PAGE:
Trained Immunity and COVID-19

Priming the innate immune system could prepare our immune system for a future viral attack by SARS-CoV-2, the cause of COVID-19, and prevent infection and even clear the infection faster. A viral infection can induce memory T cells in humans, influencing the severity of disease after reinfection.

The term "trained immunity" refers to the long-term functional reprogramming of innate immune cells. Cells of the innate immune system can remember earlier encounters with pathogens. It is now well established that macrophages, monocytes, and natural killer cells show enhanced responsiveness when reencountering a pathogen.

A host's immune responses are divided into innate immune responses and adaptive immune responses. The innate immune system reacts rapidly, whereas the adaptive immune system is slower but developing a more specific immunological memory. Observations from specific mammalian models of vaccination showed that protection from reinfection could occur independently of T and B lymphocytes. Hence, innate immunity can display adaptive characteristics after challenged with a pathogen or their products. This type of immunological memory is known as "trained immunity" or "innate immune memory."

Recently, Kolodny et al. suggested that the innate immune system's priming could be a way to prepare a human's immune system for future viral attacks such as the infection by SARS-CoV-2, the cause of COVID-19.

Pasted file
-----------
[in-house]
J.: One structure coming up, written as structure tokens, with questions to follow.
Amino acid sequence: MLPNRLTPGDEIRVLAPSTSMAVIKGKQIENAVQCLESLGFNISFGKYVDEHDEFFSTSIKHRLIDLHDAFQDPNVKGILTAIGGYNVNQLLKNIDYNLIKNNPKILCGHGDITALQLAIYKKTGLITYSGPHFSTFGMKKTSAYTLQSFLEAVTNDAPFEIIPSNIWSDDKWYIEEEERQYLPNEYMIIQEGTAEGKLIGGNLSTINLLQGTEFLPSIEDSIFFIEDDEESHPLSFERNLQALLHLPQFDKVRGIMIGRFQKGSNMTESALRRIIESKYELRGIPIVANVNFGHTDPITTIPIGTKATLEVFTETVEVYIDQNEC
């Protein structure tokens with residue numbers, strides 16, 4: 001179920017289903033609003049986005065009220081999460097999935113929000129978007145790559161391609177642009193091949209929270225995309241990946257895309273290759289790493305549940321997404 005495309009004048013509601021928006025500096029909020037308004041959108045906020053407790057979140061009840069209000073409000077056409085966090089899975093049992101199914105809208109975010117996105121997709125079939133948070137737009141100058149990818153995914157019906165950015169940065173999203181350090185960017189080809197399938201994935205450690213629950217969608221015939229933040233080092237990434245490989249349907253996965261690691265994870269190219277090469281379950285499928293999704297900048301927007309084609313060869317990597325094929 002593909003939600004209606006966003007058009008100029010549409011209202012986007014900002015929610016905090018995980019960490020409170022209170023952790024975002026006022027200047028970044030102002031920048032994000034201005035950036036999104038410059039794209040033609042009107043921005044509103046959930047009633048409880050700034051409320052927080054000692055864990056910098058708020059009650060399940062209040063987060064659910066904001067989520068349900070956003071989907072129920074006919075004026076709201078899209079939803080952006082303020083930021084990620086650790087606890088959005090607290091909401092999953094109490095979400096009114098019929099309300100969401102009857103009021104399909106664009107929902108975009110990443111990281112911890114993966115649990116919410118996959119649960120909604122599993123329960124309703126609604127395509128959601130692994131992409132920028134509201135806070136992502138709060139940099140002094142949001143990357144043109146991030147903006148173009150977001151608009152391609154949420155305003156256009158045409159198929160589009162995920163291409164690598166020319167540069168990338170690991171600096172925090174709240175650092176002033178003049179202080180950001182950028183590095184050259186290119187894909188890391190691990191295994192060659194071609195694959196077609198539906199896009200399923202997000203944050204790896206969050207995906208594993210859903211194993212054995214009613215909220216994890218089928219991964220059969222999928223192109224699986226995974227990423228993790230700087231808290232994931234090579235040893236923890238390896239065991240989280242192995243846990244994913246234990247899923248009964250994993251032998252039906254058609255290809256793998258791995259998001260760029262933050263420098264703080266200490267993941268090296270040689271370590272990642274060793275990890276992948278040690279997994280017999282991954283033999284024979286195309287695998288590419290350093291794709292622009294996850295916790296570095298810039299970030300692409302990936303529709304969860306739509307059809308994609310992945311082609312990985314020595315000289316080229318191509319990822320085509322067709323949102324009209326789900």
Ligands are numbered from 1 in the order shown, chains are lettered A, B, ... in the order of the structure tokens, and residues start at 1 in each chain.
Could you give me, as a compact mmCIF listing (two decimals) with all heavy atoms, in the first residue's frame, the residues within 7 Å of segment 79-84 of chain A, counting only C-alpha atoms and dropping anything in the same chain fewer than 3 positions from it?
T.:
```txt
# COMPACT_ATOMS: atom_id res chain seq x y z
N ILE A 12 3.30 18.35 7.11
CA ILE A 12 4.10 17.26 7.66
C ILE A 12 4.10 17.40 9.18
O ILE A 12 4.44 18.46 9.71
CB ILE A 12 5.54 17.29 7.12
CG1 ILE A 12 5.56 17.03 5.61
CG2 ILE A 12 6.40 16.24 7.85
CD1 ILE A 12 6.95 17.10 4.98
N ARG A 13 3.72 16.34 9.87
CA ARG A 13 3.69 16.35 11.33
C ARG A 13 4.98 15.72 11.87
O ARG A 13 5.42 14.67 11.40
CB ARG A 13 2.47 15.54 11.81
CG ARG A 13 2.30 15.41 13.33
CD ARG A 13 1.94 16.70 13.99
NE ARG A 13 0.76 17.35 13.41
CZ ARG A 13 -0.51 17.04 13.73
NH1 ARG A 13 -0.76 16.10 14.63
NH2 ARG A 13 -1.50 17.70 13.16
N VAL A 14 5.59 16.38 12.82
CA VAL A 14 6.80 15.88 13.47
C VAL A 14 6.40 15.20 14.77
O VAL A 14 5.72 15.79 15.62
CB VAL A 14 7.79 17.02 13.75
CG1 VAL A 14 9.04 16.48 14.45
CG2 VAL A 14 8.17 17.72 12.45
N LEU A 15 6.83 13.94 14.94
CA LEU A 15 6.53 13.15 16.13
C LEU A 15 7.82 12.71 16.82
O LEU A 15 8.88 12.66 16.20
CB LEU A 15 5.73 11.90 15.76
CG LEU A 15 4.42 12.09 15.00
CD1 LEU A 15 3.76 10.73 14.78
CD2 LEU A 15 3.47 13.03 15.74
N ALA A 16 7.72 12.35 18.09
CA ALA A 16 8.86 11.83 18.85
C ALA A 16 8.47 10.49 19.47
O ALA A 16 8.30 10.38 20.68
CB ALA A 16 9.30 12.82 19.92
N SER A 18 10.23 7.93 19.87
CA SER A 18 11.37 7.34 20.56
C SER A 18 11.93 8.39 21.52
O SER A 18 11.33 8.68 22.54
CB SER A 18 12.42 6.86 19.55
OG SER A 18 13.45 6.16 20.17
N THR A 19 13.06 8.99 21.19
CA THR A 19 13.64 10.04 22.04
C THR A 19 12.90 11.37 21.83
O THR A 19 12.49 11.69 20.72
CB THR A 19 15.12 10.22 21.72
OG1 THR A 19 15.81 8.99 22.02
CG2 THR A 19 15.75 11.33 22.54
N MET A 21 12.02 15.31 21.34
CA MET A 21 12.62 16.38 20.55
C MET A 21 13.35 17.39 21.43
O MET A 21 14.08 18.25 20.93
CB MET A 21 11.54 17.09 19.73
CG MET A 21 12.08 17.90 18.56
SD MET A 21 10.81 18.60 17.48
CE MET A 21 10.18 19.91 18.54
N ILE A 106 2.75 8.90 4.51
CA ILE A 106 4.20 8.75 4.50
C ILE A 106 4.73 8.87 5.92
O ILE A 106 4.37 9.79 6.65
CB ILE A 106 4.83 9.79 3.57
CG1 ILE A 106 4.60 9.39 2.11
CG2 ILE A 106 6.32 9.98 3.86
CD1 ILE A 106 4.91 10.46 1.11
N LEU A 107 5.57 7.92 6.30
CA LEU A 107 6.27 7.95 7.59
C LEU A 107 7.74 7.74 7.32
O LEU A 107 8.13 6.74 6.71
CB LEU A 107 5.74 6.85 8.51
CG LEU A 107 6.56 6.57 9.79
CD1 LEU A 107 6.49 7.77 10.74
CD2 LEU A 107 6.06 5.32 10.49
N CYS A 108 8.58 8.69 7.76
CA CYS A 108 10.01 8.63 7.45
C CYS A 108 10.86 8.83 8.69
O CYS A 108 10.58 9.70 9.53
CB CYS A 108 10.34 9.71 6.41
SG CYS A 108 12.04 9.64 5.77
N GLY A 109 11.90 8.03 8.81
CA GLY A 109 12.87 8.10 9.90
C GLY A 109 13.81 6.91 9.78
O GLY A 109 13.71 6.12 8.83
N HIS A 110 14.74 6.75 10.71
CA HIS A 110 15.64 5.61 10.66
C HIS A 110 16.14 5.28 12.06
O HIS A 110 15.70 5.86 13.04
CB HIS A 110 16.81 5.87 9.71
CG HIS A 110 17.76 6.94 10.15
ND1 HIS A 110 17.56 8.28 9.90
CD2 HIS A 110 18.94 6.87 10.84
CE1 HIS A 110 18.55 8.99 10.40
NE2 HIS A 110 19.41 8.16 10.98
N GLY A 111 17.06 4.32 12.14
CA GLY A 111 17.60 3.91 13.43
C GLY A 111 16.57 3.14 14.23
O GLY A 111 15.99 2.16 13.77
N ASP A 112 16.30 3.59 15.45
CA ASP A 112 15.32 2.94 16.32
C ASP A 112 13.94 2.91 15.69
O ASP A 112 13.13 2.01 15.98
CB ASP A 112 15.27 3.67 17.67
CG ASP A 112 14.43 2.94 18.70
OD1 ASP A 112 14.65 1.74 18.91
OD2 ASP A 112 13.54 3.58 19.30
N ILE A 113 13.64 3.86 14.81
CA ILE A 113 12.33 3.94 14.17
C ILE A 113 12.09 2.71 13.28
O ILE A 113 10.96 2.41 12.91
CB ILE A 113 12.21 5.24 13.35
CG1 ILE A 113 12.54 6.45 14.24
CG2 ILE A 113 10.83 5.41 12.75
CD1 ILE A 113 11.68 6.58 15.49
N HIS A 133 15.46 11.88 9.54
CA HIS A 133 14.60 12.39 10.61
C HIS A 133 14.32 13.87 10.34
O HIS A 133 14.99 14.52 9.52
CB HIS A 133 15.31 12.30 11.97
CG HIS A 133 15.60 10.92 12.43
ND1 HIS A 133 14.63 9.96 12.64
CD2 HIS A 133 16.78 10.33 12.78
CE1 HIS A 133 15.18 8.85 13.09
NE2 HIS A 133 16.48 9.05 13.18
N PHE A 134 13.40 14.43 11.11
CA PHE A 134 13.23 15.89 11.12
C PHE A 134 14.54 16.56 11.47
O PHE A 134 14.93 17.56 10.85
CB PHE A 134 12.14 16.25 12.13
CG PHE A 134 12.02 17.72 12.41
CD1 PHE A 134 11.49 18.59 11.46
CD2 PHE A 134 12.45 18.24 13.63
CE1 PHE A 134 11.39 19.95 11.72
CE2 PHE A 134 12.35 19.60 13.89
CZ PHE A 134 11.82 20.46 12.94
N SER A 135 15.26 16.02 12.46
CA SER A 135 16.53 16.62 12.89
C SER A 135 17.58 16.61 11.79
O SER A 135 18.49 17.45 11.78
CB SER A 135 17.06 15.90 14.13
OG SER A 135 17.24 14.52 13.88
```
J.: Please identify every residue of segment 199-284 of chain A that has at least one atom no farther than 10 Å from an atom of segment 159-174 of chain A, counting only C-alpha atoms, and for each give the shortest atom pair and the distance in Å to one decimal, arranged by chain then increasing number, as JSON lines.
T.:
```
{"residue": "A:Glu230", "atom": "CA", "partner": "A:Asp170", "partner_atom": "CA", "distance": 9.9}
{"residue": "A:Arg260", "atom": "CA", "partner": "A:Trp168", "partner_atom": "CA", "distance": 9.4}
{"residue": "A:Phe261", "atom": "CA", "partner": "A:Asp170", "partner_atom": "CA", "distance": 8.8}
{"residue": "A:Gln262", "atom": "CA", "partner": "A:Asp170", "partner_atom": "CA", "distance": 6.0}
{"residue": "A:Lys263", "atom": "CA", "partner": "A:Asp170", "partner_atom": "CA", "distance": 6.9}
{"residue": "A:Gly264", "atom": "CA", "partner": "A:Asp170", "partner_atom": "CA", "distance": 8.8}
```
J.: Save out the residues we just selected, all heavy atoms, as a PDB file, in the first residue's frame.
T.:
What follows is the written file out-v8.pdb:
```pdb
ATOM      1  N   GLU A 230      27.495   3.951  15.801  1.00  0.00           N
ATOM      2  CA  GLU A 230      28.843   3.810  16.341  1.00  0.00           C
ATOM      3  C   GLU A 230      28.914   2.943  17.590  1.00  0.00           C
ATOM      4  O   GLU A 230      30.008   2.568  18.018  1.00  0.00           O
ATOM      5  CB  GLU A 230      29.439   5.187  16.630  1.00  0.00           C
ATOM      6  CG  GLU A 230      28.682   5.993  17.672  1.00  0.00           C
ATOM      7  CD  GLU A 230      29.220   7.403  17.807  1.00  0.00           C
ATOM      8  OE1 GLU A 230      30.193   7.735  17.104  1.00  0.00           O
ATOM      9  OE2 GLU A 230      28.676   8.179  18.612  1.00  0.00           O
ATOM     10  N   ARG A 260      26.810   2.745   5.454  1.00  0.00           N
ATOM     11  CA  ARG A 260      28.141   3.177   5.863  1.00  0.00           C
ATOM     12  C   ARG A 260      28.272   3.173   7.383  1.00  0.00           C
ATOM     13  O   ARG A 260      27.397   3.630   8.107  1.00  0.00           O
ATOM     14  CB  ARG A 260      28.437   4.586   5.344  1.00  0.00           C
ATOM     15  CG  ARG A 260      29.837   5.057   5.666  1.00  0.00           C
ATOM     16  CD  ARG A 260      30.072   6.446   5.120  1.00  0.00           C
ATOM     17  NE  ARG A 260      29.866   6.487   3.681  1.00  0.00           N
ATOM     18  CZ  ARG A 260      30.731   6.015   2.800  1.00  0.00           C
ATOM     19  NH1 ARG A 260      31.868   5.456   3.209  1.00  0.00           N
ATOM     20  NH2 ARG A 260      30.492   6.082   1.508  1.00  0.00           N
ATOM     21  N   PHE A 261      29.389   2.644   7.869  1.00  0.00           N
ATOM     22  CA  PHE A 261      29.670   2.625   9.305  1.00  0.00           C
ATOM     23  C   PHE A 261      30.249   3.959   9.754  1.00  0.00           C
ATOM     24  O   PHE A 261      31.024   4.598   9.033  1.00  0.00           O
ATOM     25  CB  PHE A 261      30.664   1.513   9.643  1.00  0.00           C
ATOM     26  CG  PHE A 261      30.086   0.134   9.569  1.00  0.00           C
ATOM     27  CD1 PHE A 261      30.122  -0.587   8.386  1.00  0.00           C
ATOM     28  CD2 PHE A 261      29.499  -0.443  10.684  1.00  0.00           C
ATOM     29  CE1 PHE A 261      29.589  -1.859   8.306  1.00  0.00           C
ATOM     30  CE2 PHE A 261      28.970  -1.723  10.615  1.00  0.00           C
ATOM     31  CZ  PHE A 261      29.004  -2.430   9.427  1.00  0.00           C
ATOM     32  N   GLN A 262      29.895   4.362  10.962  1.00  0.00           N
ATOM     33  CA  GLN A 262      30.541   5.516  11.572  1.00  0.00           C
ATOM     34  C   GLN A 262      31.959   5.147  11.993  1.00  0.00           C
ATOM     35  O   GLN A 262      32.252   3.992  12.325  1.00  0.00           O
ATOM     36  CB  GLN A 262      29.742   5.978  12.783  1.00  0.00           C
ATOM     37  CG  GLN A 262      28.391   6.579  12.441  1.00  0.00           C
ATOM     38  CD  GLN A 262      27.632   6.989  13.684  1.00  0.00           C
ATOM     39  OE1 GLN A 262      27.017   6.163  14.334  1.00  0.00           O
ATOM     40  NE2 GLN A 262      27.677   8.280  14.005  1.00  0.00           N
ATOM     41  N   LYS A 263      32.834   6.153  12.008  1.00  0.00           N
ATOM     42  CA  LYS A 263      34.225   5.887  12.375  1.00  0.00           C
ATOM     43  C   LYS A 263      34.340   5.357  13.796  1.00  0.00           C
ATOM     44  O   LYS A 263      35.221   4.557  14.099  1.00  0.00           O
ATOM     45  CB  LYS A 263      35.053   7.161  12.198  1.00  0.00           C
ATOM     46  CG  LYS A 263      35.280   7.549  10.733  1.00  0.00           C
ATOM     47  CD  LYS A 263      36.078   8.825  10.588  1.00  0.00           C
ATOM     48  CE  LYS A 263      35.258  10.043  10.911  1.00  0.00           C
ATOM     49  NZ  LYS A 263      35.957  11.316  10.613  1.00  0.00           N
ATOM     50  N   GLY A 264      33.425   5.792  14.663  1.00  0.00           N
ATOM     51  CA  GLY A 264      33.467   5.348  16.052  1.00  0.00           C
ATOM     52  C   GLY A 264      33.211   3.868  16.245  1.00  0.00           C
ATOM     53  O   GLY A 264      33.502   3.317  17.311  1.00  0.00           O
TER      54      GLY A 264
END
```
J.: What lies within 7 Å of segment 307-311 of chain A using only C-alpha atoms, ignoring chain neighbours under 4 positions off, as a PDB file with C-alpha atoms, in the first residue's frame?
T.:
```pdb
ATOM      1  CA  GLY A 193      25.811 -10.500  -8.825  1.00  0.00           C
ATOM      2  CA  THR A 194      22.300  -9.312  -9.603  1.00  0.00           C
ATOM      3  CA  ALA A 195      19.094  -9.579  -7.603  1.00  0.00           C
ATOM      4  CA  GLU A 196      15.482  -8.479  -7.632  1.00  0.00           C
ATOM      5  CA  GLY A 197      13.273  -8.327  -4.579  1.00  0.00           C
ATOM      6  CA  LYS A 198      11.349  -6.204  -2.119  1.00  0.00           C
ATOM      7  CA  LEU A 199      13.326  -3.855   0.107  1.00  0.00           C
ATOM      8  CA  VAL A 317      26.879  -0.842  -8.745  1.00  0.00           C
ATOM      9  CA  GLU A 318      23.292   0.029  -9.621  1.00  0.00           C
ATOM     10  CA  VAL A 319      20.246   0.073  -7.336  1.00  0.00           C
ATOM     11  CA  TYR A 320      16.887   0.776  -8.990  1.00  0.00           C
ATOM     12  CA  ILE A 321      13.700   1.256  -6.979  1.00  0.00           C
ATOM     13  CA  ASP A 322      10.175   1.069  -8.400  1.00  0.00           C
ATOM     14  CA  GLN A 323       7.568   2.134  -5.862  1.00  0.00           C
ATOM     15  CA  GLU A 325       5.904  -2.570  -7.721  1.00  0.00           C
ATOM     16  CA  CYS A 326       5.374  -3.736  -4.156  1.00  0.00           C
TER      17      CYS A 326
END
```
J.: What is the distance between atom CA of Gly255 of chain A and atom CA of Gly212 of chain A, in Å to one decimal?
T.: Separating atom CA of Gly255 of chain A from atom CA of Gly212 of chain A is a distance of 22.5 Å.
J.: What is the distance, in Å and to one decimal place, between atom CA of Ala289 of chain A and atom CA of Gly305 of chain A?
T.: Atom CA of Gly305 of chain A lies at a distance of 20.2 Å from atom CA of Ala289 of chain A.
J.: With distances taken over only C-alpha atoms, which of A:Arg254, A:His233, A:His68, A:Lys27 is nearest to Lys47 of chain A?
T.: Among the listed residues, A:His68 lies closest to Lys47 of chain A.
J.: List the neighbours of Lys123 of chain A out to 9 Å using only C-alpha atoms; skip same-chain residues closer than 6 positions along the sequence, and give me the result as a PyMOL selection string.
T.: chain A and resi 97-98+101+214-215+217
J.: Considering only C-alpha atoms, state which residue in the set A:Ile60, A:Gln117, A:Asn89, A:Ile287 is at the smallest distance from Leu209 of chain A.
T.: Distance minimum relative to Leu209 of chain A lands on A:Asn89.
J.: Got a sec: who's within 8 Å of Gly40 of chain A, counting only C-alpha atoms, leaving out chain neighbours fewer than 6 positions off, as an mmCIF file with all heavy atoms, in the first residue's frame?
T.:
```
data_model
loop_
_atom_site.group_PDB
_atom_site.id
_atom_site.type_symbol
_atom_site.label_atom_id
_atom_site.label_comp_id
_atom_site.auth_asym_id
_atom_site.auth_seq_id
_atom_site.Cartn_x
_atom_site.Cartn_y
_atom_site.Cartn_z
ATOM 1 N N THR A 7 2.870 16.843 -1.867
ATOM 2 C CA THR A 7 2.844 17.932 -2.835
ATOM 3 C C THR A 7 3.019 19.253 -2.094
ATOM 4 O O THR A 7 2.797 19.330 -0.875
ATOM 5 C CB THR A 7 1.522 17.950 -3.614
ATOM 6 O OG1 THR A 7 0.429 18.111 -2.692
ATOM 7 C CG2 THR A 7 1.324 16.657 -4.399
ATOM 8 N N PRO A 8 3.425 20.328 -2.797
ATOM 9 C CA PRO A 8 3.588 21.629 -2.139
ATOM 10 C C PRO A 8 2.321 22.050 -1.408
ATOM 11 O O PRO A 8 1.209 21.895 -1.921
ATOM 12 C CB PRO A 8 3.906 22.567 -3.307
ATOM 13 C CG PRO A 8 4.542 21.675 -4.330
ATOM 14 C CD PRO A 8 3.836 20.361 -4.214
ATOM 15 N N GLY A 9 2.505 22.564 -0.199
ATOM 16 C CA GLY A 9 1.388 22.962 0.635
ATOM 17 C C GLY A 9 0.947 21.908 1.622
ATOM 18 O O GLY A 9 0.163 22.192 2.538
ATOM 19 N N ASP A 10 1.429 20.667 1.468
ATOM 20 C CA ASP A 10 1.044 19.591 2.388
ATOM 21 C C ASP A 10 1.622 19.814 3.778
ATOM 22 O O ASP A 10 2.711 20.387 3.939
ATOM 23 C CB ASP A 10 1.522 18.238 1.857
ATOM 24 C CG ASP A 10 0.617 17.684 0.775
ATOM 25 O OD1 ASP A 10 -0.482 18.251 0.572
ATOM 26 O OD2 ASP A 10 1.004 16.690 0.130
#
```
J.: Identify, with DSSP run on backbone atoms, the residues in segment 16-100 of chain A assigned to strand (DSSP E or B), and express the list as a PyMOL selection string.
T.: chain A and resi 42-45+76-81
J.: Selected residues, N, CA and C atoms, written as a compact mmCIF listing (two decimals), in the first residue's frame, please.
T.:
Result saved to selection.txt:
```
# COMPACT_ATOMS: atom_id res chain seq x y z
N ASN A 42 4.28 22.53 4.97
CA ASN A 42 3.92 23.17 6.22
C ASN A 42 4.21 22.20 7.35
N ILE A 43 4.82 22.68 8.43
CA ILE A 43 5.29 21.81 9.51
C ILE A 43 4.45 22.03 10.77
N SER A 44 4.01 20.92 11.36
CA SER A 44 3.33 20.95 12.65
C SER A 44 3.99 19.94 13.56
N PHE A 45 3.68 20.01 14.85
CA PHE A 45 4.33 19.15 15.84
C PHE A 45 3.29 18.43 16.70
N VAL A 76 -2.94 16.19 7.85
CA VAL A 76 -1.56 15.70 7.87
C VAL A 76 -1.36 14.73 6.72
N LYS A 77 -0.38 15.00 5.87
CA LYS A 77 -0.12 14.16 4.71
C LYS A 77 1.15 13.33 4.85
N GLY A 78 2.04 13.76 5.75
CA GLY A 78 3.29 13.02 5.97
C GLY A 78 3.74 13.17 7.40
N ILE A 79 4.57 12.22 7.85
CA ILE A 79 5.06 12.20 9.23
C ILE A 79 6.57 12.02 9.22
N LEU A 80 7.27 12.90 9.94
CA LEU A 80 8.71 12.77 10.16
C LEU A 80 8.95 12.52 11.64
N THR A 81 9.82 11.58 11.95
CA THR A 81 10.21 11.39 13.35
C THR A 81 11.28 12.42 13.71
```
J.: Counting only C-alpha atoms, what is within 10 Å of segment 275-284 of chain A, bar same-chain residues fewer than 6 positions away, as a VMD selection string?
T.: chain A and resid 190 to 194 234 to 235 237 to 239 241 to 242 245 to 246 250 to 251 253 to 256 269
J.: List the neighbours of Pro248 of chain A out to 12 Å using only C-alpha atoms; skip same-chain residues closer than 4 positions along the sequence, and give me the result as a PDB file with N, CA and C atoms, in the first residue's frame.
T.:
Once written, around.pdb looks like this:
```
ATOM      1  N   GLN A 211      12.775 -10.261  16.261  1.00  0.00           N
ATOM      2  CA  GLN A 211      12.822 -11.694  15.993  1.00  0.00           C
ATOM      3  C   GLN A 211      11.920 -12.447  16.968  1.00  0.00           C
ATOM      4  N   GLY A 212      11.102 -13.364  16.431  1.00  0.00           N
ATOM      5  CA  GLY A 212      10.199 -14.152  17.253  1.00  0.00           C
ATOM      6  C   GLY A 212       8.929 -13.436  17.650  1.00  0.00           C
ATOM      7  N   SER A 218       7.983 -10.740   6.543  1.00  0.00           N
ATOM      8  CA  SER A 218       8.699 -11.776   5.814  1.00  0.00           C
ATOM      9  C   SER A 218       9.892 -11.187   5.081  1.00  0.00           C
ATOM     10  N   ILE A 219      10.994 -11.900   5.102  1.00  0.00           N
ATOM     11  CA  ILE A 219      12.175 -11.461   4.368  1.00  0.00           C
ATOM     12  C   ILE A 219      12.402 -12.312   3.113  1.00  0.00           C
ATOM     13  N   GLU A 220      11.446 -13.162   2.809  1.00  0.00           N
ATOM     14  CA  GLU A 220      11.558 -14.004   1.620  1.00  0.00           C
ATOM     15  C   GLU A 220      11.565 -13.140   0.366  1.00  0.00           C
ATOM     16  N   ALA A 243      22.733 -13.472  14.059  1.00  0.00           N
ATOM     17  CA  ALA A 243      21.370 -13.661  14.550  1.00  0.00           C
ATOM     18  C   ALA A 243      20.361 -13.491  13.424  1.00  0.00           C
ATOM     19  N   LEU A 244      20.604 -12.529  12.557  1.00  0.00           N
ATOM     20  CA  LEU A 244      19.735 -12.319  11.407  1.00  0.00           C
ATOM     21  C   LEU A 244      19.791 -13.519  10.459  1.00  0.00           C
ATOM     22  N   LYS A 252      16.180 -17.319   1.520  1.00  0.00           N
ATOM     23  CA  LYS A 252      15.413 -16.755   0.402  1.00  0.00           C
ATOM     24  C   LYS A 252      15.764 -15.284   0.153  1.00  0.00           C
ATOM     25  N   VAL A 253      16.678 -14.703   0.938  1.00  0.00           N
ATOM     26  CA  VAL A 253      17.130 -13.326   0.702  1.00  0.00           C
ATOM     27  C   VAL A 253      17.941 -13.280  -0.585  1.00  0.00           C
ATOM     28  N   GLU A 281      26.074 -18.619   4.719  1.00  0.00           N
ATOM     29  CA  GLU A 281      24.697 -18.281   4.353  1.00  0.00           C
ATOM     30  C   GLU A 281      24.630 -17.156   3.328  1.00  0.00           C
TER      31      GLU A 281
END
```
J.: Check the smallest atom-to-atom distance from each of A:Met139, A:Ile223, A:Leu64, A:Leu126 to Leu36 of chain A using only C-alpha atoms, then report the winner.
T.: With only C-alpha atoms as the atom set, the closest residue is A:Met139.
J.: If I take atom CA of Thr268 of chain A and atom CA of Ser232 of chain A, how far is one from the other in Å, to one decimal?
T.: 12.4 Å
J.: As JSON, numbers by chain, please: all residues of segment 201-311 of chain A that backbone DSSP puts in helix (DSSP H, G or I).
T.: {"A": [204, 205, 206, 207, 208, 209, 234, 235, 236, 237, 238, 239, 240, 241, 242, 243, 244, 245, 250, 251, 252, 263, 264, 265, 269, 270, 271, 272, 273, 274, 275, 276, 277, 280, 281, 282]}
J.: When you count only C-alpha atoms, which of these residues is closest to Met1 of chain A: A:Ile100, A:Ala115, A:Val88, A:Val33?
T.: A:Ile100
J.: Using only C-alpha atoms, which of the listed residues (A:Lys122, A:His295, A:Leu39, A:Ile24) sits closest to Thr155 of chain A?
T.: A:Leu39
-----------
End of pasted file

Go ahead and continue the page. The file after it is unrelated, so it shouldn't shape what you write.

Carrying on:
How can this be achieved?  The administration of a standard vaccine or any reagent that elicits a broad anti-viral innate immune response could do the job.

Several points will need to be considered when selecting this approach:

  • Ensure that the priming does not evoke an autoimmune response.
  • Select and test priming agents that do not trigger adverse effects.
  • Select agents that reduce the likelihood of immune system dysregulation and hyper-inflammation.

However, to achieve this, carefully designed clinical trials may be needed to determine this approach's risks and opportunities.


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Kolodny O, Berger M, Feldman MW, Ram Y. A new perspective for mitigation of SARS-CoV-2 infection: priming the innate immune system for viral attack. Open Biol. (2020) 10:200138.

Mihai G. Netea, Leo A. B. Joosten, Eicke Latz, Kingston H. G. Mills, Gioacchino Natoli,Hendrik G. Stunnenberg, Luke A. J. O’Neill, Ramnik J. Xavier; Trained immunity: A program of innate immune memory in health and disease Science  22 Apr 2016: Vol. 352, Issue 6284, aaf1098. [sciencemag] [Figures and Table]